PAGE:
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FrancoFiles S02E08: La Cuisine Paris – An Epicurean Exchange

FrancoFiles S02E08: La Cuisine Paris – An Epicurean Exchange

Published on May 4, 2021

Episode S02E08 – May 4, 2021

La Cuisine Paris – An Epicurean Exchange

Go behind the pastry counter and into the kitchen with La Cuisine Paris!
This English-language cooking school seeks to immerse Francophiles in the French savoir-faire with curated, hands-on cultural experiences. Founded by small-business supporter, Jane Bertch and her staff have curated a fine selection of classes covering everything from savory to sweet, taught by French chefs for a variety of skill levels. La Cuisine Paris even takes to the streets to teach newcomers how to appreciate and navigate outdoor markets, participate in food tours, all while supporting small businesses and artisans! Explore with FrancoFiles and Jane Bertch the meaning of building a business based on the exchange of culinary experiences and French culture through la cuisine.

TRANSCRIPT


[00:00] Andrea Fort - Today, we are going behind the pastry counter and into the kitchen with Jane Burch, founder of La Cuisine Paris, an English language cooking school based in the heart of Paris, seeking to immerse Francophiles in the French savoir faire with curated hands on cultural experiences. Jane’s desire to combine the comforts of cooking at home with the excitement of discovering French cuisine have molded into a fine selection of classes covering everything from savory to sweet, taught by French chefs for a variety of skill levels. Listen as I chat with Jane on the meaning of leading a business built on food and culture, and making clients feel at home with shared culinary experiences. So, Jane, you are speaking to us all the way from Paris. Happy to have you on Francophiles. How are you?

[00:07] Jane Bertch - I’m very well, Andrea, I’m really, really pleased to be here. So happy to chat with you today.

[00:13] Andrea - Oh, so am I. And Jane, I wanted to say, I’ve been reading your bio, I’ve been reading research about your business. And I just am always impressed by stories of people who end up specializing their careers in something just completely different from their predetermine paths, and you’re one of those people. You went from Chicago to London then Paris as a banker. And note for the audience, I said, banker, not Baker. So then in Paris, you had this like epiphany. And then poof, today you’re the founder of like cuisine party. So a cooking school that greets up to 10,000 visitors and guests or clients per year. How did that happen?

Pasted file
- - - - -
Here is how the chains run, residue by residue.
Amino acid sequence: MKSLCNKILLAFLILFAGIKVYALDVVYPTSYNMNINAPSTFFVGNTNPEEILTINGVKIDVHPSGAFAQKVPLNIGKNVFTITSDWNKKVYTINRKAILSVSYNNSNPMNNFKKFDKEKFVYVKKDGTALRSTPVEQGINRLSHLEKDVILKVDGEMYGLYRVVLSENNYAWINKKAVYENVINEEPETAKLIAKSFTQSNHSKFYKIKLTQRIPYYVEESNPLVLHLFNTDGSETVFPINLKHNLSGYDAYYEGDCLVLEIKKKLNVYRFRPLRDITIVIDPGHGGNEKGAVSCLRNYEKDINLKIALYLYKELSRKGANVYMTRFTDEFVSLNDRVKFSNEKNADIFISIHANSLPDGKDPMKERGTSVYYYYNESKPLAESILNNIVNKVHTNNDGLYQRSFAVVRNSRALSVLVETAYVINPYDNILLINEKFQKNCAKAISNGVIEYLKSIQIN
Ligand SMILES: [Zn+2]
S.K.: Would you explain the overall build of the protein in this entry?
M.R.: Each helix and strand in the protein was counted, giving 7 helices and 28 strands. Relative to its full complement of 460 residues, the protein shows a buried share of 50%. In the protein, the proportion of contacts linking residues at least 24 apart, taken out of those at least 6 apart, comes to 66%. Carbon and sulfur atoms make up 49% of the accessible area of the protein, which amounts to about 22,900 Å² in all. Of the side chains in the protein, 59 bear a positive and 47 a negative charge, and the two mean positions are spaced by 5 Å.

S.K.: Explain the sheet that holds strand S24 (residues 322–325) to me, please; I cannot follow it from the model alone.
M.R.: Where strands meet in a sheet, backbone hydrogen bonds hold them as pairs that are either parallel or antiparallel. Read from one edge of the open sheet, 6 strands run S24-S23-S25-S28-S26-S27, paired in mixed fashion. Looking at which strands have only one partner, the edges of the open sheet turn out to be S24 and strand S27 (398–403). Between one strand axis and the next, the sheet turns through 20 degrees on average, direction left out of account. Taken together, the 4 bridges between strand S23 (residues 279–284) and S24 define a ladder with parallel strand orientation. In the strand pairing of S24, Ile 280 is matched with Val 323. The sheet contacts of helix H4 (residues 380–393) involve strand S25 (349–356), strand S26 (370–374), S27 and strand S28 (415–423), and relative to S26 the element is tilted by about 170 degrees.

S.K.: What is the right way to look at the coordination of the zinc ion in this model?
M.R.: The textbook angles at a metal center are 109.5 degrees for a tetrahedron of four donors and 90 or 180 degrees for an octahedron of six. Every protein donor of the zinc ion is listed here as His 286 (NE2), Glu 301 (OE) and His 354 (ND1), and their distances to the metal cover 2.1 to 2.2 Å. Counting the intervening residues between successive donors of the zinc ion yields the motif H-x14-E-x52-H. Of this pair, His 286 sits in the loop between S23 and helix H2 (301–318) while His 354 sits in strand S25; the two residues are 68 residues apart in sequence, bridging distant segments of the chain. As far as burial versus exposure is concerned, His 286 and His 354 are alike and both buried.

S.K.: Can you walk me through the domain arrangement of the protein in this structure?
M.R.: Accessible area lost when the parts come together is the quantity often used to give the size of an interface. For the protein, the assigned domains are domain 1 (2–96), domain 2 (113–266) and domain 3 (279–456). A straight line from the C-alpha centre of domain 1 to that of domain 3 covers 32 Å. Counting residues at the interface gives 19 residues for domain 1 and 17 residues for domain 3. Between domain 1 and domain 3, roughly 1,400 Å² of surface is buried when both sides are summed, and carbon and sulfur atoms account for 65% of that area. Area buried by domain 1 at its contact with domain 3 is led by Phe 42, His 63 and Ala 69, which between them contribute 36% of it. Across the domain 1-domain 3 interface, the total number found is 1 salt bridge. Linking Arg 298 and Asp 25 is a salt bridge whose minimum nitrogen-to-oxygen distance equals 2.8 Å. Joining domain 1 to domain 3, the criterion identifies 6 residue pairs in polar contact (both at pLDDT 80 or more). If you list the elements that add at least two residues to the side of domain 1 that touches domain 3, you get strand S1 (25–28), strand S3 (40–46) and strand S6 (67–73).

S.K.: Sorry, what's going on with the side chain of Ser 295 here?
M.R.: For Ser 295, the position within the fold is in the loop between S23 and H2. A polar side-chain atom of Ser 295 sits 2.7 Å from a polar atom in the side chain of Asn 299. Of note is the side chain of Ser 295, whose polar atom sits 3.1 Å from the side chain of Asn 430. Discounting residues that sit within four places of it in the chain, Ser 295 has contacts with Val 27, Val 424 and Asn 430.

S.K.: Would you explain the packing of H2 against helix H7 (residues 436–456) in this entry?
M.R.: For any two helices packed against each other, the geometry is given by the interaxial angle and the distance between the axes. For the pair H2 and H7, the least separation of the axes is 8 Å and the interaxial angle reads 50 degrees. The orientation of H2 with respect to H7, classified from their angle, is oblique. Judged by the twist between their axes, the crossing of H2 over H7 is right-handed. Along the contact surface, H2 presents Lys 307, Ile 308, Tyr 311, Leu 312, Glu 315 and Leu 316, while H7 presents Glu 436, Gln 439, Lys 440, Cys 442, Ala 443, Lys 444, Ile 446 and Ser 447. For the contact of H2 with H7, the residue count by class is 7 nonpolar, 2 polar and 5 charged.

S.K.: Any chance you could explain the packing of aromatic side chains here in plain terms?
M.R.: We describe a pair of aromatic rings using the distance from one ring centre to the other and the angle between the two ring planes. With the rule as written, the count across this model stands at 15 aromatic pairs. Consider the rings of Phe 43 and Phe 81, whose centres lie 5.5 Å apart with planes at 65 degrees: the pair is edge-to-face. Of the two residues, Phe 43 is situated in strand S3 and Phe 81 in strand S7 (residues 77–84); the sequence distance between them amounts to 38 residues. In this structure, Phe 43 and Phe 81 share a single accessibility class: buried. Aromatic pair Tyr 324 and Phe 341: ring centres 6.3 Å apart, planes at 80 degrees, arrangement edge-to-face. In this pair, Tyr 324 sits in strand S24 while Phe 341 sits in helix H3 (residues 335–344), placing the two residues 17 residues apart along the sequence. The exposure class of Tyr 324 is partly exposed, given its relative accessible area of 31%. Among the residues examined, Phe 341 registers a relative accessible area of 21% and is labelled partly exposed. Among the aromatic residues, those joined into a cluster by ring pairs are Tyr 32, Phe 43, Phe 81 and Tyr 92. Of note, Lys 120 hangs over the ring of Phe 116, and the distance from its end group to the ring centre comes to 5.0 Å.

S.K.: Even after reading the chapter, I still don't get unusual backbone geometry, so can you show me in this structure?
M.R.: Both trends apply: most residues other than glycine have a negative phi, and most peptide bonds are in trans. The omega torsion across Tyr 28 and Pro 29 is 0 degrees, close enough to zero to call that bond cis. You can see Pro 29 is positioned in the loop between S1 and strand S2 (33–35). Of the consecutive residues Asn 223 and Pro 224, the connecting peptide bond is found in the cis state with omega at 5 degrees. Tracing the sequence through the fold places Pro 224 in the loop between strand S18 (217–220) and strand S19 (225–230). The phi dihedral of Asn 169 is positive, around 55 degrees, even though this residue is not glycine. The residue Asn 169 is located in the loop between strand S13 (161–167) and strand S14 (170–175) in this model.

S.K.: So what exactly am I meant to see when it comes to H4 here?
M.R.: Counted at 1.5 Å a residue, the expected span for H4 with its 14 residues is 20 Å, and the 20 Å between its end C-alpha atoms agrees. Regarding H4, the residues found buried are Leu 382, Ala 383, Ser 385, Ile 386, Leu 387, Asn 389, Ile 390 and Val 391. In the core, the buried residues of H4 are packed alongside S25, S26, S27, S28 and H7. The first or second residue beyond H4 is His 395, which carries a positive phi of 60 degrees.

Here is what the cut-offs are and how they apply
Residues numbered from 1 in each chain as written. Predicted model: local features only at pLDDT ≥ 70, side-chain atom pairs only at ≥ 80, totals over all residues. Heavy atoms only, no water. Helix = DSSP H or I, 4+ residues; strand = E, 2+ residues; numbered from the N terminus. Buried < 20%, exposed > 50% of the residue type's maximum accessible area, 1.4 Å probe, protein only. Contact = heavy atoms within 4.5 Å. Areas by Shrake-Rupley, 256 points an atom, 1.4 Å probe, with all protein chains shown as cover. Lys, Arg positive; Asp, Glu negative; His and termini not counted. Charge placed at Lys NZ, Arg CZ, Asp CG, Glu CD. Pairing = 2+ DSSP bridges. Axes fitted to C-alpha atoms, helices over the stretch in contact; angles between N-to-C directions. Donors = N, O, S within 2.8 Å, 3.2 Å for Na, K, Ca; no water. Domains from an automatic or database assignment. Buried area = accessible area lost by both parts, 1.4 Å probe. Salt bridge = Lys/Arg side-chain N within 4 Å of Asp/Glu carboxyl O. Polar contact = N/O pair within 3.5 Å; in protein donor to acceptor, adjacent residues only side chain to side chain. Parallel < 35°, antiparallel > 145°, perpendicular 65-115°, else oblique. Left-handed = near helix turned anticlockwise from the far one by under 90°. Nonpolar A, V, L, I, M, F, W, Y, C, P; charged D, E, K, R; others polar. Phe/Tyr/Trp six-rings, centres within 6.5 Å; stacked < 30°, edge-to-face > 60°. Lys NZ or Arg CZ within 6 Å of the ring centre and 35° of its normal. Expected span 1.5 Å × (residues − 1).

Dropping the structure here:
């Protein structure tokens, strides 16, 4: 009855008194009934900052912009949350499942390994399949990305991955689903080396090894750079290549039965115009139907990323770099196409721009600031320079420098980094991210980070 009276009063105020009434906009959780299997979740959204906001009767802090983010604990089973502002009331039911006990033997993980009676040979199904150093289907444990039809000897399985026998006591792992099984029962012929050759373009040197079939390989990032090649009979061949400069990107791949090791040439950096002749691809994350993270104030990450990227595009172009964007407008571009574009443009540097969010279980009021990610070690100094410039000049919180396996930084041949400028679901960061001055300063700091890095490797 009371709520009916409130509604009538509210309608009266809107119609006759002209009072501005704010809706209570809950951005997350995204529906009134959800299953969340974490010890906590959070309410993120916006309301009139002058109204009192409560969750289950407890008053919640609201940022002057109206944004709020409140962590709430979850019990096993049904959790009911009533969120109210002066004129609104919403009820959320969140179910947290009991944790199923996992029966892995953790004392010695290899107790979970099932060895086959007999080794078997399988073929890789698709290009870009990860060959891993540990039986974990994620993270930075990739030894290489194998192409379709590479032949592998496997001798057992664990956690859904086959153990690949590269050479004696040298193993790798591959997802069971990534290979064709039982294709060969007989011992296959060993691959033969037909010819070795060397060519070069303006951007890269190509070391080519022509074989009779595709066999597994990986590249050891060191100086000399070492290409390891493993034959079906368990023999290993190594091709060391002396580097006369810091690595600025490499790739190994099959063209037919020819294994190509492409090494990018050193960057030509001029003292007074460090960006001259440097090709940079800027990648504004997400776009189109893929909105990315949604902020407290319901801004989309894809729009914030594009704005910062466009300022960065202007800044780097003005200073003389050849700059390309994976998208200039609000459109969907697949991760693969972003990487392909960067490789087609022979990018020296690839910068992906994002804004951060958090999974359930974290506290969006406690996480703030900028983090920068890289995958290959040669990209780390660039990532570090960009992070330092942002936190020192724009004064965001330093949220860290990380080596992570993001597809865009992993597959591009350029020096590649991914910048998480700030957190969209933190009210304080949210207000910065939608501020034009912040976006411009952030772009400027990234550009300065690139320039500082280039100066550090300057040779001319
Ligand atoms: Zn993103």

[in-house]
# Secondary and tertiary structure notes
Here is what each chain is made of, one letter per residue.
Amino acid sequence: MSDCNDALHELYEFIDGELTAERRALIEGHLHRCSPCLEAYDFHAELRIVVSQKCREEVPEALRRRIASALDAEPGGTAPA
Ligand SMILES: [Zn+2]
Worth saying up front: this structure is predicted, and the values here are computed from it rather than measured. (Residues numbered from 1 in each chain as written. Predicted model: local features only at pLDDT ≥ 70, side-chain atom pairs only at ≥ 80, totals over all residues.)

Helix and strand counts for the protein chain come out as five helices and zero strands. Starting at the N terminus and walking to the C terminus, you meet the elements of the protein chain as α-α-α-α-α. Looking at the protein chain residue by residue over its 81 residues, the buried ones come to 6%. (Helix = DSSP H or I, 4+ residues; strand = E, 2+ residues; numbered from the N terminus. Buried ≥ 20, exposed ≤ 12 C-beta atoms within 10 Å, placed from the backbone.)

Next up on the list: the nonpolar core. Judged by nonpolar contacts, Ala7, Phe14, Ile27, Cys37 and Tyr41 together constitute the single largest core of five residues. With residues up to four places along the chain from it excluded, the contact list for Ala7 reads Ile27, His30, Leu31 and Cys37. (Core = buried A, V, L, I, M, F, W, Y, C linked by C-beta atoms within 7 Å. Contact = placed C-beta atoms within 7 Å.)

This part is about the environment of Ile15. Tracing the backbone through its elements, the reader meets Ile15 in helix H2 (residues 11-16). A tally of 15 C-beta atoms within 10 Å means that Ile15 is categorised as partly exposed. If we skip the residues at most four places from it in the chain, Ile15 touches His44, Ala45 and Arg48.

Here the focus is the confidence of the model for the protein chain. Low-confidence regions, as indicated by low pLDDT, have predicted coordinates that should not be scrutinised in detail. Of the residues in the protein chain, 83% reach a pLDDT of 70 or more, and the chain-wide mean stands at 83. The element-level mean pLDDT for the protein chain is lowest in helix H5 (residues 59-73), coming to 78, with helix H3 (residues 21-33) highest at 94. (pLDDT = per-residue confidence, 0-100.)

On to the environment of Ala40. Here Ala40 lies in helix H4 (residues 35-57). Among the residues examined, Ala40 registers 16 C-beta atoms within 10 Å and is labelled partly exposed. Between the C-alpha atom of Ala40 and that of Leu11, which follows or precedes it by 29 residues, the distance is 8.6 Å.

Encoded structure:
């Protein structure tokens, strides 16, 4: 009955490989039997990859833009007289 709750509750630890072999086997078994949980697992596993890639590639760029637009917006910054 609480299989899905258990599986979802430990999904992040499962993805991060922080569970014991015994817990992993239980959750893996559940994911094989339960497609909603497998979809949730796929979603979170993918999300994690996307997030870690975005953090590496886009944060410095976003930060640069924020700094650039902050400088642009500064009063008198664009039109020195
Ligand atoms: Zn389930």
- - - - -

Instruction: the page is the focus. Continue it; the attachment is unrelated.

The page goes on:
[01:05] Jane - Oh, my goodness, Andrea. So I’m going to try to distill that into something very short, which is arguably much better discussed over wine. But so it would be a disservice for me not to touch on something I think is so important for people to hear is the concept that I really love to share is dreams versus snowflakes. And if somebody said to me, 20 years ago, Jane, is it your dream to have a cooking school in Paris, I would have looked at them as though they were growing two heads. So it wasn’t a lifelong dream that I had intended to happen upon. La cuisine is what I call a snowflake. And I like to share that story. Because so many times we put pressure on ourselves to have an end goal or a purpose or a passion. And we put so much emphasis on trying to find that journey, it gets very heavy, and we don’t allow ourselves to have things come to us. So I was working in banking, and I had a fabulous career in banking, and I loved it. There was a time where I thought I wanted to do something different. And I felt a little unfulfilled and ready for a change. And then you add on to that kind of personal dimensions that come in. And I knew that I wanted to move on. And the concept of setting up a cooking school floated down from the universe like a snowflake. And we know all snowflakes are very unique. We’ve we’ve looked at them in science books, apparently, no matter how many snowflakes have ever existed, they’re also very different. So I took this little snowflake, and I played with it, which meant just taking time to observe what this interest was of mine. And I turned it into a little snowball. And then I turned it into a snowman and now a snow palace.

[03:08] Andrea - But you’re not the ice queen.

[03:10] Jane - Yes, exactly. I was thinking I’m gonna be careful with that story. People are gonna think I’m suggesting something else. But I think when you allow yourself to be open, the universe will put you in the direction of where you need to be at that point in your journey. And that might change one day again in the future. Who knows? But I am quite lucky. You know, I have a business where I’ve got wonderful clients, and we have a dinner party every day. So that’s that’s not a bad thing.

[03:39] Andrea - No, it’s not. And can you tell us a bit about also La Cuisine Paris? Tell us, you know, what is this place?

[03:48] Jane - Okay, so la Cuisine Paris is a cooking school. And that’s kind of the generic of what you would see on paper. But what I like to emphasize is because we’re welcoming the visiting market, who are really enthusiastic and so excited about learning about France, we’ve got a way to share it with them through food. So La Cuisine Paris on paper, it looks like a cooking school. But what I like to say our businesses is memories and culture. And again, we’ve got this fabulous vehicle, which is French food that is magical. And that’s what our our experiences and time is crafted around with our visitors.